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26 Sep 2020, Edition - 1901, Saturday

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Coimbatore

World Toilet Day: Say no to open defecation

Indrani Thakurata

Bengaluru: We were all glued to the television to get a glimpse of Coldplay and AR Rahman sing VandeMataram together at the Global Citizen Festival, Mumbai. The festival harnessed the universal power of music,attracting world-famous artists including Jay Z and Demi Lovato, to elevate the cause of sanitation within the international development community. The Global Citizen campaign came to India to raise awareness against open defecation, highlighting the UN’s World Toilet Day mission.

So, what is World Toilet Day? “It is a day to raise awareness and inspire action to tackle the global sanitation crisis, a topic that is often neglected. Today, 2.4 billion people are struggling to stay well, keep their children alive and work their way to a better future – all for the want of a toilet,” says Harsh Agarwal, a social scientist working for the Planning Commission.

The UN launched the Sustainable Development Goals in 2015,which was to ensure that everyone everywhere has access to toilets by 2030, making it a global developmental priority. In 2013, the United Nations General Assembly officially designated November 19 as World Toilet Day. World Toilet Day is coordinated by UN-Water in collaboration with governments and partners.

Swachh Bharat Mission is working on the same challenges here in India. It is a mission to solve the country’s deep-rooted sanitation challenges. Since the Mission’s inception, the government of India has worked alongside community groups, NGOs, and development partners to end the scourge of open defecation and to ensure equal access to sanitation and hygiene for all. We have seen PM Modi with a broom. We have also heard him talk against open defecation through Mann Ki Baat.

The government has launched campaigns through various mass communication channels highlighting the negatives of open defecation and has encouraged villagers to build toilets. Showing remarkable progress, 89 lakh individual household latrines have been built in rural areas in the past one year.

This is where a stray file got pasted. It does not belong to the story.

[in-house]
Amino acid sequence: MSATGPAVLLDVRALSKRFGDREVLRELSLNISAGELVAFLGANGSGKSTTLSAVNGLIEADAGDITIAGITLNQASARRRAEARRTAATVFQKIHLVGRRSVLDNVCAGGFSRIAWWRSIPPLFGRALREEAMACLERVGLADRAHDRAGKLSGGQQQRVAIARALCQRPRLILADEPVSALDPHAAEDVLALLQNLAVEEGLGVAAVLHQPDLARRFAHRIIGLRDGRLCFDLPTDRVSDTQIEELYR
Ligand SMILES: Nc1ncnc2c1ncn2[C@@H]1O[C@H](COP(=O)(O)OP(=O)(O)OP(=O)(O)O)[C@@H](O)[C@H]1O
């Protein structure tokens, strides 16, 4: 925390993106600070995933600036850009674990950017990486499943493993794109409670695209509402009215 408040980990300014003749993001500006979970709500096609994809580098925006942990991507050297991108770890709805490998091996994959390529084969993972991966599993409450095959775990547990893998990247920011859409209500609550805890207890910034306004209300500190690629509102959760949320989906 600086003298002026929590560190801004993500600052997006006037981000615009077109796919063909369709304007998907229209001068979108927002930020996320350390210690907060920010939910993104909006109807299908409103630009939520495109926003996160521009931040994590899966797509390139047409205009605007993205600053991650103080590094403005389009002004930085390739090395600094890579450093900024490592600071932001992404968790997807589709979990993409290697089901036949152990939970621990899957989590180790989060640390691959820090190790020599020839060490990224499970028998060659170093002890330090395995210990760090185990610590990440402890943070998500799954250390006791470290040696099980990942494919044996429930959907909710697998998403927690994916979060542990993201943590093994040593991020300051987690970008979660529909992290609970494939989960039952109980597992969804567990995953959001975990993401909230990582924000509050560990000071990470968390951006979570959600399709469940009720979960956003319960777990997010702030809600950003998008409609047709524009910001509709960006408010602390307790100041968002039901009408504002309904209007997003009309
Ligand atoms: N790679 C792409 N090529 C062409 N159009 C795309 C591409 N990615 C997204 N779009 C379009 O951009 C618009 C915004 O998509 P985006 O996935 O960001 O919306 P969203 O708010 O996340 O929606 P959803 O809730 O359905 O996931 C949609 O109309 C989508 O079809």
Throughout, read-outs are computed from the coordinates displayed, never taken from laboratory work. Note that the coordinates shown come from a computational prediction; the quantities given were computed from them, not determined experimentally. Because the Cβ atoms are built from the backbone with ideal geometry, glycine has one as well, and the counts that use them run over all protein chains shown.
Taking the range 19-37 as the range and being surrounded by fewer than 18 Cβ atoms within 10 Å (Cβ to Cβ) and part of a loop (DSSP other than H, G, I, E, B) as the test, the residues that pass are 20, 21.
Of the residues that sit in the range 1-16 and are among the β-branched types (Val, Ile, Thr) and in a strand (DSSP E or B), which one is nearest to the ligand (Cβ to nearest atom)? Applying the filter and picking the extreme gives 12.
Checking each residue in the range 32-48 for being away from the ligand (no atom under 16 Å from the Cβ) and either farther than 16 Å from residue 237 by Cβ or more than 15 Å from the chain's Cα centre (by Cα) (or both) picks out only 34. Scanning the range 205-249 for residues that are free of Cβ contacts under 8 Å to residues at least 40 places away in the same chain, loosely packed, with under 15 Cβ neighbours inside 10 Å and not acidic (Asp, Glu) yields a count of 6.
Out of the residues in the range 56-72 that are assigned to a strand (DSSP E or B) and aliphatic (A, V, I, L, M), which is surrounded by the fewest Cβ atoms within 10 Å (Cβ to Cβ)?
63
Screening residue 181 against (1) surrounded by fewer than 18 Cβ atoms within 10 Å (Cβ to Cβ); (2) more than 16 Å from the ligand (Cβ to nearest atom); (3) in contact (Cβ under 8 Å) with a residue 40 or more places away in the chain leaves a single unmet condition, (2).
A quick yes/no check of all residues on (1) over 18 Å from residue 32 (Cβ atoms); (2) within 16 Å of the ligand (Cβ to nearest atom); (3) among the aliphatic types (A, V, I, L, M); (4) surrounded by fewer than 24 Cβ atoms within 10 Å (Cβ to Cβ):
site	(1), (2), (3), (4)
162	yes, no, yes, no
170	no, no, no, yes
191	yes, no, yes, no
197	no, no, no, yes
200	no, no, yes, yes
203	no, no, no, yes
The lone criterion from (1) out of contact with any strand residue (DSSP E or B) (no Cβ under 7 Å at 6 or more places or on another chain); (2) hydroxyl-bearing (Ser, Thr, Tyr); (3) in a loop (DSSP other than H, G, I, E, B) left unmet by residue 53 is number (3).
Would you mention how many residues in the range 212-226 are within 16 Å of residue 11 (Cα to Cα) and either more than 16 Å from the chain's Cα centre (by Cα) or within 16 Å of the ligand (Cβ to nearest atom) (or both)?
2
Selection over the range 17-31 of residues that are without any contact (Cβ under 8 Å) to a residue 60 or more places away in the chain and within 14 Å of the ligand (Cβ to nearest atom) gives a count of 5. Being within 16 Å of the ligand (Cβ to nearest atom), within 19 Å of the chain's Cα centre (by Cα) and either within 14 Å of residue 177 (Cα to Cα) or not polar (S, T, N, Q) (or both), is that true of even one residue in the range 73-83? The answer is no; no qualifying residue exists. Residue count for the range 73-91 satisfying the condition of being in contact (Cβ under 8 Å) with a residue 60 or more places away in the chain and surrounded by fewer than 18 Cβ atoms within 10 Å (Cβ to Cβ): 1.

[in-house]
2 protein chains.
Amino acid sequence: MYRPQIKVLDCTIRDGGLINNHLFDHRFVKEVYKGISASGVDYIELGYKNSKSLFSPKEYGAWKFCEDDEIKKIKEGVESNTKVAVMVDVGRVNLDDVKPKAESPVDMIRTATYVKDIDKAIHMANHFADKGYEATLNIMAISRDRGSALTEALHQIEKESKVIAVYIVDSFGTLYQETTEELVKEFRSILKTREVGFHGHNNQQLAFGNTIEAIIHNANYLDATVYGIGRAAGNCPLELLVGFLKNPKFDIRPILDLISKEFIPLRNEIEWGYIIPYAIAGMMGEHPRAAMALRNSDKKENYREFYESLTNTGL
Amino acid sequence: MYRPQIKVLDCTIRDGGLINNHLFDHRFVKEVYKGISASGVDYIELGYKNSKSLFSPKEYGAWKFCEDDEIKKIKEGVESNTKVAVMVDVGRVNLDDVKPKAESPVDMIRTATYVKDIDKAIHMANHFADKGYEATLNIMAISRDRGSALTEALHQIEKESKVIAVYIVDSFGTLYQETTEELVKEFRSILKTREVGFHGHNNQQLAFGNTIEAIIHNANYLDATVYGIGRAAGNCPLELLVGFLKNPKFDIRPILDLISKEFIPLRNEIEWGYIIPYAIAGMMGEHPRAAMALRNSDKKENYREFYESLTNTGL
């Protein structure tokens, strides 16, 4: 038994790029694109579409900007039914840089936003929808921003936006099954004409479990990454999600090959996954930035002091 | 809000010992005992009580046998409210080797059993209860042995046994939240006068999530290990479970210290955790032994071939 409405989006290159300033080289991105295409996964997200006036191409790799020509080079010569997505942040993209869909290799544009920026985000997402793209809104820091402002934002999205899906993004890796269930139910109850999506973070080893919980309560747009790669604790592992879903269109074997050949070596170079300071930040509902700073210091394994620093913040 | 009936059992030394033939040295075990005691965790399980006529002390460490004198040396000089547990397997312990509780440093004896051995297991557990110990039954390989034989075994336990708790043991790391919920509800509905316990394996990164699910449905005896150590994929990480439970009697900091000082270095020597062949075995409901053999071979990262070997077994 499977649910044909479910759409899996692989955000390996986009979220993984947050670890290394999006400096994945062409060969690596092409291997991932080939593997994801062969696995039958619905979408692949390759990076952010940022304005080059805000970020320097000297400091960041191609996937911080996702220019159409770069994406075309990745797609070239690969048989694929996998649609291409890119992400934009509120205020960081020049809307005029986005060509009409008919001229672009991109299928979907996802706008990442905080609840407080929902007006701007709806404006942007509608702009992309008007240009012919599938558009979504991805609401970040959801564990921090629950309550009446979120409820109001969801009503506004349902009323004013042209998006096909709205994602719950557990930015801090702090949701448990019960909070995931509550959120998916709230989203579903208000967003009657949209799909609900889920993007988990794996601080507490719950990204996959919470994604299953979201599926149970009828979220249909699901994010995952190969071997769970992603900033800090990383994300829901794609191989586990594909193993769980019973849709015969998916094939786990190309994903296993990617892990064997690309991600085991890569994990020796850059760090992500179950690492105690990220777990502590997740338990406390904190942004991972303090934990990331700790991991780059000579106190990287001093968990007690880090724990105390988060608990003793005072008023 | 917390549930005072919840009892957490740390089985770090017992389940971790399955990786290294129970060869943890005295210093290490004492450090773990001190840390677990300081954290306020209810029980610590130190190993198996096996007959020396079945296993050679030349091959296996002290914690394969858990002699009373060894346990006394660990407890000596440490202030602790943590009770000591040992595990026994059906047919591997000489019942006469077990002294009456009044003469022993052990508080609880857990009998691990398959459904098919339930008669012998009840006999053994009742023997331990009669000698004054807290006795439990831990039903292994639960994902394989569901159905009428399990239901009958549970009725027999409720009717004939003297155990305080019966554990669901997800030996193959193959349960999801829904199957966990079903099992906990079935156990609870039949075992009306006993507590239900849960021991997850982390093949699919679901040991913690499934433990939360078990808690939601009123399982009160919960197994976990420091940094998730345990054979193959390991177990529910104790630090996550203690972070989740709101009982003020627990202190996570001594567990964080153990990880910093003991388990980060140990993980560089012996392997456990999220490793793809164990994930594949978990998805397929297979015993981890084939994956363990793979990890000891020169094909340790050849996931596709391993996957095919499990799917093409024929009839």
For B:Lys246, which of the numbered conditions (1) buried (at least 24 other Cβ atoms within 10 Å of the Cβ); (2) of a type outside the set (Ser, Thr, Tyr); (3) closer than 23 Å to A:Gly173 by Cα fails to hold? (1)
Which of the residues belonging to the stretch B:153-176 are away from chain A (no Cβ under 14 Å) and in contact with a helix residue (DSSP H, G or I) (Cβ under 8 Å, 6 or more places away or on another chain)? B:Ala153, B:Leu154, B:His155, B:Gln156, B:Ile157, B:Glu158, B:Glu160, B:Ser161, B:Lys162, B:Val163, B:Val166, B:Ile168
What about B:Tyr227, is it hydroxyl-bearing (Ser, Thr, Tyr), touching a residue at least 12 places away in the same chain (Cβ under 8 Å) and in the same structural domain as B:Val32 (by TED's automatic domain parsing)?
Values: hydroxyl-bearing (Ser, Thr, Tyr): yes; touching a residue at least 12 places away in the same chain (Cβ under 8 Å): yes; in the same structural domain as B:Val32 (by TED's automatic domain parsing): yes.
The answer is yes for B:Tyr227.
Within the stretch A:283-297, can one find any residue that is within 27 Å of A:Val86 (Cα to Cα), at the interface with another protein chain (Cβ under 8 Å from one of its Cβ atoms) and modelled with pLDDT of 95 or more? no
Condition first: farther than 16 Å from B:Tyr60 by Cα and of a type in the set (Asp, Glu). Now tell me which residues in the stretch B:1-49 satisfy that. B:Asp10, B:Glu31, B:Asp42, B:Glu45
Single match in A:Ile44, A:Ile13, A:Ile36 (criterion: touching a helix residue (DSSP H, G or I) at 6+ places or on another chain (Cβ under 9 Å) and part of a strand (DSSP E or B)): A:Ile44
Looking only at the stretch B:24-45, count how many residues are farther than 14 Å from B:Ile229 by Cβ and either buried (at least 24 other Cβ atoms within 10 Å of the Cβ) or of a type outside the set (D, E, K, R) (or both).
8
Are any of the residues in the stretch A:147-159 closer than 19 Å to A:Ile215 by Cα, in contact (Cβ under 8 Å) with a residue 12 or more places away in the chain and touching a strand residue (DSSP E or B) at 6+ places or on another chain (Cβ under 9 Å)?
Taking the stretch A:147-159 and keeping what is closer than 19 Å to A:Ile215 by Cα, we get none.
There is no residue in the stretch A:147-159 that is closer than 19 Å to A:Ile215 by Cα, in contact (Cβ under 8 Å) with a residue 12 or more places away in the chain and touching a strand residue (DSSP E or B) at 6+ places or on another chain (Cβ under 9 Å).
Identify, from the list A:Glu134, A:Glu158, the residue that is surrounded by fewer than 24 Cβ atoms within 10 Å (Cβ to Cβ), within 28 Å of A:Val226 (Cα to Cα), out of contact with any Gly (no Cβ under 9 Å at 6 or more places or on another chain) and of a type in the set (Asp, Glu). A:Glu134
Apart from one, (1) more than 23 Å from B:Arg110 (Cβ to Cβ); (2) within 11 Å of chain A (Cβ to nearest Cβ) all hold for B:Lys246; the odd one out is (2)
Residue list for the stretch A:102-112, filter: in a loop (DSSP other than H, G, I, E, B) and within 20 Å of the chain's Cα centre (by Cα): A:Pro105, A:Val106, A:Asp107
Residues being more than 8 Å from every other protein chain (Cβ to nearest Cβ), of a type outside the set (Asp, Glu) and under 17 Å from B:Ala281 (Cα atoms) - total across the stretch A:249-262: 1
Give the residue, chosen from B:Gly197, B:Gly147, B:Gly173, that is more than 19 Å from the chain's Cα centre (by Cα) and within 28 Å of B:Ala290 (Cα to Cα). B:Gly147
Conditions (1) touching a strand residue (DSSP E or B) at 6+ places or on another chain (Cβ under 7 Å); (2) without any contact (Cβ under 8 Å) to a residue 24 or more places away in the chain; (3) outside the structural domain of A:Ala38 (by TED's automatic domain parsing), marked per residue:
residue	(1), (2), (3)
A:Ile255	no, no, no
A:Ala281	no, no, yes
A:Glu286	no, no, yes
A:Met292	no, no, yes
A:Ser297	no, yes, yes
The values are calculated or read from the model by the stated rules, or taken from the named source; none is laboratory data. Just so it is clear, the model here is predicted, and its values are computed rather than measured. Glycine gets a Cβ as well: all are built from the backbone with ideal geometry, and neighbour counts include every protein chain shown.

According to government figures, the big Swachh Bharat push in rural areas has increased the access of toilets to 46.9% from only 32.6% in 2011 across the country. However, urban areas in poll-bound Bihar and Uttar Pradesh have built only 927 and 862 household latrines respectively since the sanitation mission was launched last October.

Urban Development Minister M Venkaiah Naidu was quoted saying that “the rural development ministry has surpassed the target of building about 60 lakhs by March 2016.A clean India is the most profound statement that the county can make to the world which is keenly watching us in the context of various initiatives launched during the last over one year.”

Echoing the same sentiment, Dr Suman Mor, Coordinator, Centre for Public Health, PU, sayson the occasion of World Toilet Day, “Sanitation is a global development priority as sustainable development goals (SDG) 2015 have included a target to ensure access to toilets to everyone by 2030.” She stressed that appropriate toilets are important for women and girls to ensure their privacy and dignity. She said that the theme for this year is ‘Toilets and Jobs,’ as lack of sanitation can significantly impact people’s livelihood.

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